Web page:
Spirit Bear Podcast

Welcome to the Caring Society’s Spirit Bear paw’d-cast! Tune in for informative episodes that feature guest appearances from community members, advocates, and experts leading on a number of matters affecting First Nations children, youth, and families. We are bear-y grateful to our friends in Dr. Veldon Coburn’s “Indigenous Politics in Canada” course at the University of Ottawa, who produced Season 1 from January to April of 2022. For more information on what we do and how you can help promote justice and equity for First Nations kids and their families, visit our website at: https://fncaringsociety.com.

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Episodes

Thursday Dec 15, 2022

The students have a conversation with Dr. Veldon Coburn about the education opportunities available to First Nations on reserve, the linkages between historical and contemporary inequities in education, and how this contributes to educational outcomes for First Nations students. The students also consider the importance of balanced and truthful historical accounts being captured in school curricula and how specific systems are upheld when this information is withheld. 
Dr. Coburn, a member of the Algonquins of Pikwàkanagàn First Nation, is an Assistant Professor at the University of Ottawa in the Institute of Indigenous Research and Studies. He has a PhD in Political Studies from Queen’s University and holds over a decade of federal policy experience.   
 
@VeldonCoburn 
1:19 - The Mind the Gap report the students discuss is from 2013. Experts place the disparity rate at anywhere between 30-50%. You can read the report here: https://education.chiefs-of-ontario.org/download/mind-the-gap-fn-funding/ 
2:46 – The correct term is “First Nation reserves” not Indigenous reserves. “Indigenous” is a term to refer collectively to First Nations, Metis and Inuit. The reserves system was created through the Indian Act and is specific to First Nations. 
 
9:05 - You can read about the Mi’kmaq Education Act here: https://laws-lois.justice.gc.ca/eng/acts/m-7.6/FullText.html and the Anishinabek Nation Education Agreement here: https://www.rcaanc-cirnac.gc.ca/eng/1517588283074/1542741544614 
 
15:30 - To ensure that Canada’s history (especially around residential schools) is told in a balanced and truthful way, the Caring Society created the Reconciling History initiative, in collaboration with Beechwood Cemetery. You can read more about the initiative here: https://fncaringsociety.com/what-you-can-do/ways-make-difference/reconciling-history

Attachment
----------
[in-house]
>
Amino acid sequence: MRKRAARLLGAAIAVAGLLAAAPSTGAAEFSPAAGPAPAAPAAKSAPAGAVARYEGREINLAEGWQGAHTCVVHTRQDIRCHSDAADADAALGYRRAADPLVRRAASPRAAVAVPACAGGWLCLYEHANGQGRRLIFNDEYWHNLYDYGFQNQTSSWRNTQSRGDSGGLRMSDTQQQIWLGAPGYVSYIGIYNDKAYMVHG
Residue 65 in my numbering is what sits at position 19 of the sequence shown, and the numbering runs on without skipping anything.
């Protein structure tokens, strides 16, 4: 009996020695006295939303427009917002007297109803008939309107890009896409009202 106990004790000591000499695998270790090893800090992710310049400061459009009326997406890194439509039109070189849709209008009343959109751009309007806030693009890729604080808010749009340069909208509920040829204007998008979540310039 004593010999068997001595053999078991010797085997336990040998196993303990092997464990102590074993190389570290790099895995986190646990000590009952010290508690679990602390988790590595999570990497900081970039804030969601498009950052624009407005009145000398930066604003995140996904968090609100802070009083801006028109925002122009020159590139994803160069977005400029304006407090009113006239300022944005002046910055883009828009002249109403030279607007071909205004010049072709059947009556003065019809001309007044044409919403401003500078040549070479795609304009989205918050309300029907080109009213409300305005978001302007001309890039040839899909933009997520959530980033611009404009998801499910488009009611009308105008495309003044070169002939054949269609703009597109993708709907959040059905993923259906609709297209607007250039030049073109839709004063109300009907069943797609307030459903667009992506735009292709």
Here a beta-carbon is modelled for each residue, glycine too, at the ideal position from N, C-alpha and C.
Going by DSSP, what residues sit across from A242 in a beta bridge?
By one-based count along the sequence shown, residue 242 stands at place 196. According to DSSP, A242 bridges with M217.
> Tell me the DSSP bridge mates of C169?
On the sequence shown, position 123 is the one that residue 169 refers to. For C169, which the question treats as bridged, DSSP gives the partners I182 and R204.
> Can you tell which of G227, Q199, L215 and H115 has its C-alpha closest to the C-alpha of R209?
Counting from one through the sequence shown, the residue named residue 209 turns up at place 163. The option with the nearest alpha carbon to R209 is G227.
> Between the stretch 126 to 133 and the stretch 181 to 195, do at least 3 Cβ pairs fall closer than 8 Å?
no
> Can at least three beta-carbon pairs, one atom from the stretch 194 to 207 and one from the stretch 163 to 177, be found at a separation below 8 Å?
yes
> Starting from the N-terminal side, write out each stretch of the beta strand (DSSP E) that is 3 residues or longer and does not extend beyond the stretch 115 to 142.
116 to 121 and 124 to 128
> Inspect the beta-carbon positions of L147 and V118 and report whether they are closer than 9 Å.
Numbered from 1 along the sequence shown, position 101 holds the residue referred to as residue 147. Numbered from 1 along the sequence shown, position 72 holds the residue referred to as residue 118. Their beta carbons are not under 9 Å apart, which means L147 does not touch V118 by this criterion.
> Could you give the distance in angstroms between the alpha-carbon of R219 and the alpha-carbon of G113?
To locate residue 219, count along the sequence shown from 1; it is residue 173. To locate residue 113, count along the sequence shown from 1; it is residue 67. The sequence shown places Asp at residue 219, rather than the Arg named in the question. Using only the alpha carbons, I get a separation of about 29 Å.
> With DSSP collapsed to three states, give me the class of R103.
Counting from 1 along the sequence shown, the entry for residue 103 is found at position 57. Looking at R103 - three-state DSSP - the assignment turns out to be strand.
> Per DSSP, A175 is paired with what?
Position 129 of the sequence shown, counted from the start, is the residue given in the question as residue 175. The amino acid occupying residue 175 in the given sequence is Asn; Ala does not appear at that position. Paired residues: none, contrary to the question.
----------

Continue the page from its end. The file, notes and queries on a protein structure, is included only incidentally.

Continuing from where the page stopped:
For more information on equitable education for First Nations kids, visit the Timeline and Documents section on https://shannensdream.ca. In particular, check out the 2016 report by the Parliamentary Budget Officer and the 2018 report by the Auditor General of Canada. 
 
Produced by Rhea Agnihotri, Royita Ise Godwill, Jamie Hurlbut, Alina Khan and Sara Mohmand.

Friday Nov 18, 2022


The hosts sit down with Dr. Mary Ann Corbiere to discuss Indigenous cultural and language resurgence, including some impacts of the Official Languages Act. Dr. Corbiere invites the students to consider how language repression figures into colonial assimilationist policy, and in the First Nations context, the complex relationship between language, culture and identity.
Dr. Corbiere is a member of Wiikwemkoong Unceded Territory and is an Associate Professor with the Department of Indigenous Studies at the University of Sudbury. Dr. Corbiere has a PhD in theory and policy studies in education from the University of Toronto. 
0:40 - Nishnaabemwin (Ojibwe) is Dr. Corbiere’s mother tongue, and she has developed an extensive online dictionary, found here: https://dictionary.nishnaabemwin.atlas-ling.ca/#/help 
5:12 - The Official Languages Act legislated French and English as Canada’s two official languages. All government services must be delivered in both languages. 
5:16 - The National Indian Brotherhood is the former name of what is now known as the Assembly of First Nations (AFN). 
9:03 - The Department of Indian Affairs has evolved into two separate federal government departments: Crown-Indigenous Relations and Northern Affairs Canada (CIRNAC) and Indigenous Services Canada (ISC). 
17:30 - Here Dr. Corbiere discusses a viewpoint that separates the Church as an institution from the Christian faith.
8:32 - Views on the Bering Land Bridge/Bering Strait theory are diverse and contested amongst Indigenous peoples
29:32 - The Venture Initiative is an experiential learning initiative involving several courses at the University of Ottawa. https://www2.uottawa.ca/faculty-social-sciences/student-hub/venture-initiative
Produced by: Avia Amon, Maya Crawford, Shannon McQuaid and Reese Rowland-Kosticin. 
 
 

Thursday Nov 03, 2022

The students invite Charlie Angus, MP for Timmins-James Bay, Ontario, to discuss the history and significance of Jordan's Principle. The Motion in support of Jordan's Principle was brought to the House of Commons in 2007 by Mr. Angus' colleague, Jean Crowder (now retired).
 
This episode has been edited for length. For detailed information on Jordan’s Principle, please visit https://jordansprinciple.ca